Research in Liwonde
Majete Wildlife Reserve, proclaimed in 1955, is situated in the Lower Shire Valley,
a section of Africa's Great Rift Valley, covering an area of 700 km². Vegetation
is diverse, ranging from moist miombo woodland in the western hills, to dry
savannah in the east with prominent thickets along the riverbanks.
Majete Wildlife Reserve
Majete Wildlife Reserve located at south-western corner of Malawi was gazetted as a game reserve in 1955 and further extended in 1969. Its major part (about 90%) lies within Chikwawa District and the extreme northern section belongs to Mwanza District. This 689km² protected area sustaining three river catchments (those of the Mkurumadzi, Mwanza and the Lower Shire) is nested along the southern reaches of Africa’s Great Rift Valley. Semi-arid conditions are characteristic to the Lower Shire Valley with annual precipitation ranging between 680-800mm in the East/South-eastern corner, up to 700-1000mm in the western uplands. Majete’s soil composition can best be described as primarily lithosols, shallow and stony, ferruginous type of low fertility with narrow stretches of fertile alluvial soils occurring along some of the small rivers. The majority of the area is not suitable for cultivation due to the poor soil structure and the frequency of slopes over 12% gradient. The reserve possesses a diverse tapestry of different vegetation types from moist miombo woodland in the western hills, rich riverine and alluvial matrix as well as significant patches of riparian thickets along and near rivers, to dry mixed savannah woodland of low and medium altitudes in the eastern and central areas.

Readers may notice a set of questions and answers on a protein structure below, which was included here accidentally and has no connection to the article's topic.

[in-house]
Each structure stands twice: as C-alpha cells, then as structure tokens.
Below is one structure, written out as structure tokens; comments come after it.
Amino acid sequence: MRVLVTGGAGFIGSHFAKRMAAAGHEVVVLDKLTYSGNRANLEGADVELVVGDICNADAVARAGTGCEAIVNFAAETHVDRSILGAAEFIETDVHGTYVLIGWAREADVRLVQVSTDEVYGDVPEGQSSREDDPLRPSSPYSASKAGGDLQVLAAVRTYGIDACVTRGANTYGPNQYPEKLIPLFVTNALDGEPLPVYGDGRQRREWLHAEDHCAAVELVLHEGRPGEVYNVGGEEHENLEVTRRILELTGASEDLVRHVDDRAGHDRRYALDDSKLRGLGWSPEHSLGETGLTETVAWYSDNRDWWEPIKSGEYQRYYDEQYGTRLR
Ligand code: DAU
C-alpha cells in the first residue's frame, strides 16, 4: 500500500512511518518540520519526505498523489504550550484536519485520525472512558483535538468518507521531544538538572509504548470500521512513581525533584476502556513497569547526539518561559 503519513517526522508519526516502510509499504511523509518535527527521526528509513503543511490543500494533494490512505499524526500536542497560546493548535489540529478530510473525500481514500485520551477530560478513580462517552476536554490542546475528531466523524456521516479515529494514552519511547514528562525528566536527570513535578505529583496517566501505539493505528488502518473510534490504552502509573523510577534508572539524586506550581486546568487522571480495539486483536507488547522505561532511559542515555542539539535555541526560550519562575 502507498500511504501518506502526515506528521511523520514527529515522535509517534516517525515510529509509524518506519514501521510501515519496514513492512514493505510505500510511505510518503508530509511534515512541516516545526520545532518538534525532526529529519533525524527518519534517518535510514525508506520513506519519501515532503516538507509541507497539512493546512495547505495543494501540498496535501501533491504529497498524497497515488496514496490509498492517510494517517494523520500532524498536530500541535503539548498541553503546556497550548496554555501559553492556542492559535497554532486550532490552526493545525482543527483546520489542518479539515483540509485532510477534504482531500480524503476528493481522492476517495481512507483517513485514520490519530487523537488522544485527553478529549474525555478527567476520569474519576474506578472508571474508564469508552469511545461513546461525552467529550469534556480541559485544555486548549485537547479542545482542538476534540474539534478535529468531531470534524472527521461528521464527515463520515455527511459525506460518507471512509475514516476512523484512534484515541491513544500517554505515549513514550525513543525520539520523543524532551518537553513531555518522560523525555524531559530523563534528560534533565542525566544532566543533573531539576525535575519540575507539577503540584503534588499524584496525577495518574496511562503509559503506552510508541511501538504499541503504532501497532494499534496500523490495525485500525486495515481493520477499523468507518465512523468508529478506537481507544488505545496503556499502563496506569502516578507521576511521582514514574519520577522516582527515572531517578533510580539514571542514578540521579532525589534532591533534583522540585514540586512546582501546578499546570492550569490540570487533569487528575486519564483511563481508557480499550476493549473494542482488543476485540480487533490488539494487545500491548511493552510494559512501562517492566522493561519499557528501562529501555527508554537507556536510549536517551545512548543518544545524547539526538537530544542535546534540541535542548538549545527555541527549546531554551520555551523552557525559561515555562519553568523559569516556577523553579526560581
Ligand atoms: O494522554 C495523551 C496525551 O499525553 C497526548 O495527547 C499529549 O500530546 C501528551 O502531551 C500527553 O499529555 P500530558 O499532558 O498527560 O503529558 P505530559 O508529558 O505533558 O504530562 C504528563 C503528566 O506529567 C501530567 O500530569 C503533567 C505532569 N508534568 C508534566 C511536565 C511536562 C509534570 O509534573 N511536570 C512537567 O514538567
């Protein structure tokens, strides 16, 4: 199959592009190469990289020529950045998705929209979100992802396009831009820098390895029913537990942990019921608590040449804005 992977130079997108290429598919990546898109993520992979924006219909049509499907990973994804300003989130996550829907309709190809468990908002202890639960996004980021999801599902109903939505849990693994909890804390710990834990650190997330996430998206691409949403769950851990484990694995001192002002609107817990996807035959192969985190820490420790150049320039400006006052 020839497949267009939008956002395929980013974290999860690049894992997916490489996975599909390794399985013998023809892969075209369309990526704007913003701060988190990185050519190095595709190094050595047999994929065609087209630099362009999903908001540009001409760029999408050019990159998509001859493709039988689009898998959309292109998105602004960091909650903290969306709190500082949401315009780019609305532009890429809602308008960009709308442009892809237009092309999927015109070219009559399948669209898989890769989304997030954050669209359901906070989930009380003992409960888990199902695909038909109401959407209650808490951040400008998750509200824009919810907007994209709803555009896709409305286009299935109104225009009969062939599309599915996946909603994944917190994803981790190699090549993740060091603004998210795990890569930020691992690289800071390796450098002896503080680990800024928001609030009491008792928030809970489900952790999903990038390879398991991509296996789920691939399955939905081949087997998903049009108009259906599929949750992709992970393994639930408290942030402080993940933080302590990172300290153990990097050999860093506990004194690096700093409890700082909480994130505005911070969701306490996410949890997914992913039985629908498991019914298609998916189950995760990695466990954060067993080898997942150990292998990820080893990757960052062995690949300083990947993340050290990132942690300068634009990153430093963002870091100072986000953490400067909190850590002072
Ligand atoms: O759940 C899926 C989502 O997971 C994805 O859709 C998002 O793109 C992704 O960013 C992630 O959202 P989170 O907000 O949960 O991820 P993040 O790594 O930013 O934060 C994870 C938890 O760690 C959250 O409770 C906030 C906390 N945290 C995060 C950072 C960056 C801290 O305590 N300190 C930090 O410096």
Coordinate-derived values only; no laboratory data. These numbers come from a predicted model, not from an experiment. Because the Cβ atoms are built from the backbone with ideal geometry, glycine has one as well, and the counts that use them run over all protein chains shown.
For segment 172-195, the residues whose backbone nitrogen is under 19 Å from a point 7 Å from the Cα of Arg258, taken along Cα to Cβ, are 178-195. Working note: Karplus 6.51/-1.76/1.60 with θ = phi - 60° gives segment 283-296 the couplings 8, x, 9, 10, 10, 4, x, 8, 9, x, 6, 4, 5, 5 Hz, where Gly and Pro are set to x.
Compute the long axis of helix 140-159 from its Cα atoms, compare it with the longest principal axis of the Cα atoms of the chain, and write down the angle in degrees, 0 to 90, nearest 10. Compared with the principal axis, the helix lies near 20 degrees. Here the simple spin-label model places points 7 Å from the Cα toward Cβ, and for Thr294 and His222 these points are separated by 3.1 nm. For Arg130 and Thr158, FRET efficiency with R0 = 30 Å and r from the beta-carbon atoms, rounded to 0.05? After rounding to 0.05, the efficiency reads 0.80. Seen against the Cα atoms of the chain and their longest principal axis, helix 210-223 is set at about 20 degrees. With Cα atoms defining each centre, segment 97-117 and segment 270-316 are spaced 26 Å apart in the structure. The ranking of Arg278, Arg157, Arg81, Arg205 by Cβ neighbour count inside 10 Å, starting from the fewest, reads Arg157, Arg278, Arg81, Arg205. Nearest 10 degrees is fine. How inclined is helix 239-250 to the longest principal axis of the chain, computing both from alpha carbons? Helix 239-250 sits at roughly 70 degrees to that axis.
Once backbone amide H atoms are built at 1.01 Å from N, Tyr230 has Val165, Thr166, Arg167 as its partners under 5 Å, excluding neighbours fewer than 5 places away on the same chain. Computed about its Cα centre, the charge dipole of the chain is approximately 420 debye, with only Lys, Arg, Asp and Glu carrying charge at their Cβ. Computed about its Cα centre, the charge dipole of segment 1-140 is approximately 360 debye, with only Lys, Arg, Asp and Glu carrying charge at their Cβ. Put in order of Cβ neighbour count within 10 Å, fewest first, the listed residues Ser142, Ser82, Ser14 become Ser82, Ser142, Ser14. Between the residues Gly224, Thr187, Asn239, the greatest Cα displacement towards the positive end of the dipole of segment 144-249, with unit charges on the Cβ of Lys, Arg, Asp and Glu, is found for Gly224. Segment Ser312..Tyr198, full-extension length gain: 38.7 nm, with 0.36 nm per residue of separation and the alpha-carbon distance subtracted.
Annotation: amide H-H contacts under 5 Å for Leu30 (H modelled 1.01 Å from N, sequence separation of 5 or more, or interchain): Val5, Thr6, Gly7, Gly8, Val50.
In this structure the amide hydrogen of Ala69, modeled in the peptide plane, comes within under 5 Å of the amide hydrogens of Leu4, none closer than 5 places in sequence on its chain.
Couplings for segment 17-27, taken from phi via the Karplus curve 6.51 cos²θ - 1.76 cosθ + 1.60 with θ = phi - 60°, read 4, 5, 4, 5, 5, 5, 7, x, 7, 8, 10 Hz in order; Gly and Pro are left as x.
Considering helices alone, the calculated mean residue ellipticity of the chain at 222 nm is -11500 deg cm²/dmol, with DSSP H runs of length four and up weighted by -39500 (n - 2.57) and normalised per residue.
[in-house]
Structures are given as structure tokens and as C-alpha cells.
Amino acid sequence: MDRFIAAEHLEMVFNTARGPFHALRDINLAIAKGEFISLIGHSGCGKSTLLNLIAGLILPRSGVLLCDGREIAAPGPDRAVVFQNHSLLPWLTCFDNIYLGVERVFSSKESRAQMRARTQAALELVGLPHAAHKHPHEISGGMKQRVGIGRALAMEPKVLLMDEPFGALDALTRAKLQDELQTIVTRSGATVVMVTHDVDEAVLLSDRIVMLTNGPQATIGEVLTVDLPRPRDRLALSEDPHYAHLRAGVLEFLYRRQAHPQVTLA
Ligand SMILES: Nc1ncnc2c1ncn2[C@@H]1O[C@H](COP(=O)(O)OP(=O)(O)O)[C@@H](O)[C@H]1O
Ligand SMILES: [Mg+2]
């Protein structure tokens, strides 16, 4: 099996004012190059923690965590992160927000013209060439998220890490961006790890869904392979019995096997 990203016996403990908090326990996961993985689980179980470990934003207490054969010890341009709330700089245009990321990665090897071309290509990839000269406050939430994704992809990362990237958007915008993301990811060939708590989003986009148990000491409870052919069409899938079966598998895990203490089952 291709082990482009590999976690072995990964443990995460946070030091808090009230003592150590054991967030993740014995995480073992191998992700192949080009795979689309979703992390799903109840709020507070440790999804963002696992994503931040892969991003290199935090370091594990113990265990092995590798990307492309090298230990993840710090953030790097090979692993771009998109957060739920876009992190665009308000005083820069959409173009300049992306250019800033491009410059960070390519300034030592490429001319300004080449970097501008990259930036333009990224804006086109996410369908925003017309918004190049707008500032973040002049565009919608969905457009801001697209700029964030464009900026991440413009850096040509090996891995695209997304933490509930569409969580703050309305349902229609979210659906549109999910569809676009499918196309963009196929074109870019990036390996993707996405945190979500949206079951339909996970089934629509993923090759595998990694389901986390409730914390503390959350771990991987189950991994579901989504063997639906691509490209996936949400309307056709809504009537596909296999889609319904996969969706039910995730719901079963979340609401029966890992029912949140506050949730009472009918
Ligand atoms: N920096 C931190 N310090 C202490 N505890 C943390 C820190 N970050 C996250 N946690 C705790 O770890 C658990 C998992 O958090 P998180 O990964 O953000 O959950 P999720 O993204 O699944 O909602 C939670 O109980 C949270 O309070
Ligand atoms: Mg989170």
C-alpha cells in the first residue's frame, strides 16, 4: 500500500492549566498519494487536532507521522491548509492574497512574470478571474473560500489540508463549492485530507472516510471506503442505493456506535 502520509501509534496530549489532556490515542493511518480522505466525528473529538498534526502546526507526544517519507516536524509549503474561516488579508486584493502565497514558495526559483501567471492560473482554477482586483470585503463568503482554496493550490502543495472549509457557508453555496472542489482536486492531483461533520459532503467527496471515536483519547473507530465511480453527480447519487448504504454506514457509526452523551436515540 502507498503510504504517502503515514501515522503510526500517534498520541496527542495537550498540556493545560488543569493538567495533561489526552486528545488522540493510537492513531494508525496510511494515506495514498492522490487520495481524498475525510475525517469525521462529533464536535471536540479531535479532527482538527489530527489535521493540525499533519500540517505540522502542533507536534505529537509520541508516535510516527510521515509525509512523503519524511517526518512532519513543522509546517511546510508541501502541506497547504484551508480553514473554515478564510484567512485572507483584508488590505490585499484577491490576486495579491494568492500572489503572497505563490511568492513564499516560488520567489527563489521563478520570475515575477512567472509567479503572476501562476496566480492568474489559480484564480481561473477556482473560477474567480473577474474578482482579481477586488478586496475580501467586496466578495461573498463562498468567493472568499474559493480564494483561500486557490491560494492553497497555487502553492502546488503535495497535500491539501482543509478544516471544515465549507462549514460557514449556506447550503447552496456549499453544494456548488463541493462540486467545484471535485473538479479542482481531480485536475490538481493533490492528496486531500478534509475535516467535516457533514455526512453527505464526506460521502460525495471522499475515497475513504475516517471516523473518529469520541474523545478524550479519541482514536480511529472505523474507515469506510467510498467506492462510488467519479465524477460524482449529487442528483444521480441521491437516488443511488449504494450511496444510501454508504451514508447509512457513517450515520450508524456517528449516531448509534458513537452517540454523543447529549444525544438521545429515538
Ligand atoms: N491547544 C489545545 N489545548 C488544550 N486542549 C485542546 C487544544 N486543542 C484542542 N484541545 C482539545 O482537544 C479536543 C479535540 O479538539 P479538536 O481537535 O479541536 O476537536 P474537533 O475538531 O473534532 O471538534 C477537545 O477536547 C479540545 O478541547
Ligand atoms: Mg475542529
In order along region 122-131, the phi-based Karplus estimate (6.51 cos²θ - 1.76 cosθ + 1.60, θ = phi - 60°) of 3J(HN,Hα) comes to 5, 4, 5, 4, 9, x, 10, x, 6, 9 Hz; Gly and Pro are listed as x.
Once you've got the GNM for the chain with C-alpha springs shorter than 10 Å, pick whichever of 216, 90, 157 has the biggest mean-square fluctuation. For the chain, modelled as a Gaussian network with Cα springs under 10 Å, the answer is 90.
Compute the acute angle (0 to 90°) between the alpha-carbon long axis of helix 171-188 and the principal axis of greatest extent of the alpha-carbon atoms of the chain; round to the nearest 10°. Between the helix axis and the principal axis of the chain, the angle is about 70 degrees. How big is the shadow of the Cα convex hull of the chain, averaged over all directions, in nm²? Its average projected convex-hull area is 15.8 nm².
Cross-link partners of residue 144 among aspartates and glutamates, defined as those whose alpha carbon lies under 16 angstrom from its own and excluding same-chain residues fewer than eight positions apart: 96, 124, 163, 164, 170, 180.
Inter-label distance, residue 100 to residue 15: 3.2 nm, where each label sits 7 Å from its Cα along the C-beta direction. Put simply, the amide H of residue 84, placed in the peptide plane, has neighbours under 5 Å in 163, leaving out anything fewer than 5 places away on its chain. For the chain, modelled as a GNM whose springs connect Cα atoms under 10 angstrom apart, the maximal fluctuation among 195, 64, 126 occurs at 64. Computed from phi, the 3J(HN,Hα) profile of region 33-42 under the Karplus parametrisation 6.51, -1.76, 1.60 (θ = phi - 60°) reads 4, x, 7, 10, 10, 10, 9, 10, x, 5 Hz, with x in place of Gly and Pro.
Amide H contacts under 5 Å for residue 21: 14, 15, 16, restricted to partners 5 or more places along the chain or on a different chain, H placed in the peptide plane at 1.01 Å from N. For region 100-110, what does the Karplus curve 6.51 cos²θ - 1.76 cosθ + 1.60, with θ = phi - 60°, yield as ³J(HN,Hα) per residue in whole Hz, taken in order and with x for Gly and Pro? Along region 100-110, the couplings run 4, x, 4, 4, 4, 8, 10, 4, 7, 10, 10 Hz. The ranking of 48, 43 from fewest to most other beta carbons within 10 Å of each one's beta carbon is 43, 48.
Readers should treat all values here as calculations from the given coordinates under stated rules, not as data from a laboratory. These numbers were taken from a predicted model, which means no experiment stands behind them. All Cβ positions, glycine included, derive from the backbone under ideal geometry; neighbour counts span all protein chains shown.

Majete’s mega-fauna was almost completely wiped out by the mid-1990s due to local and cross-border poaching during the incursions of militias of the Mozambican civil war. Illegal logging though formerly a severe problem has by now been brought under control, while illegal charcoal production is still rife in areas buffering the reserve. Since the start of its mandate in 2003, African Parks (the managing body) working together with DNPW field staff has strengthened security, created skilled capacity, built a perimeter fence, developed the road network and reintroduced over 2560 mammals (13 species, like rhino, leopard and lion).
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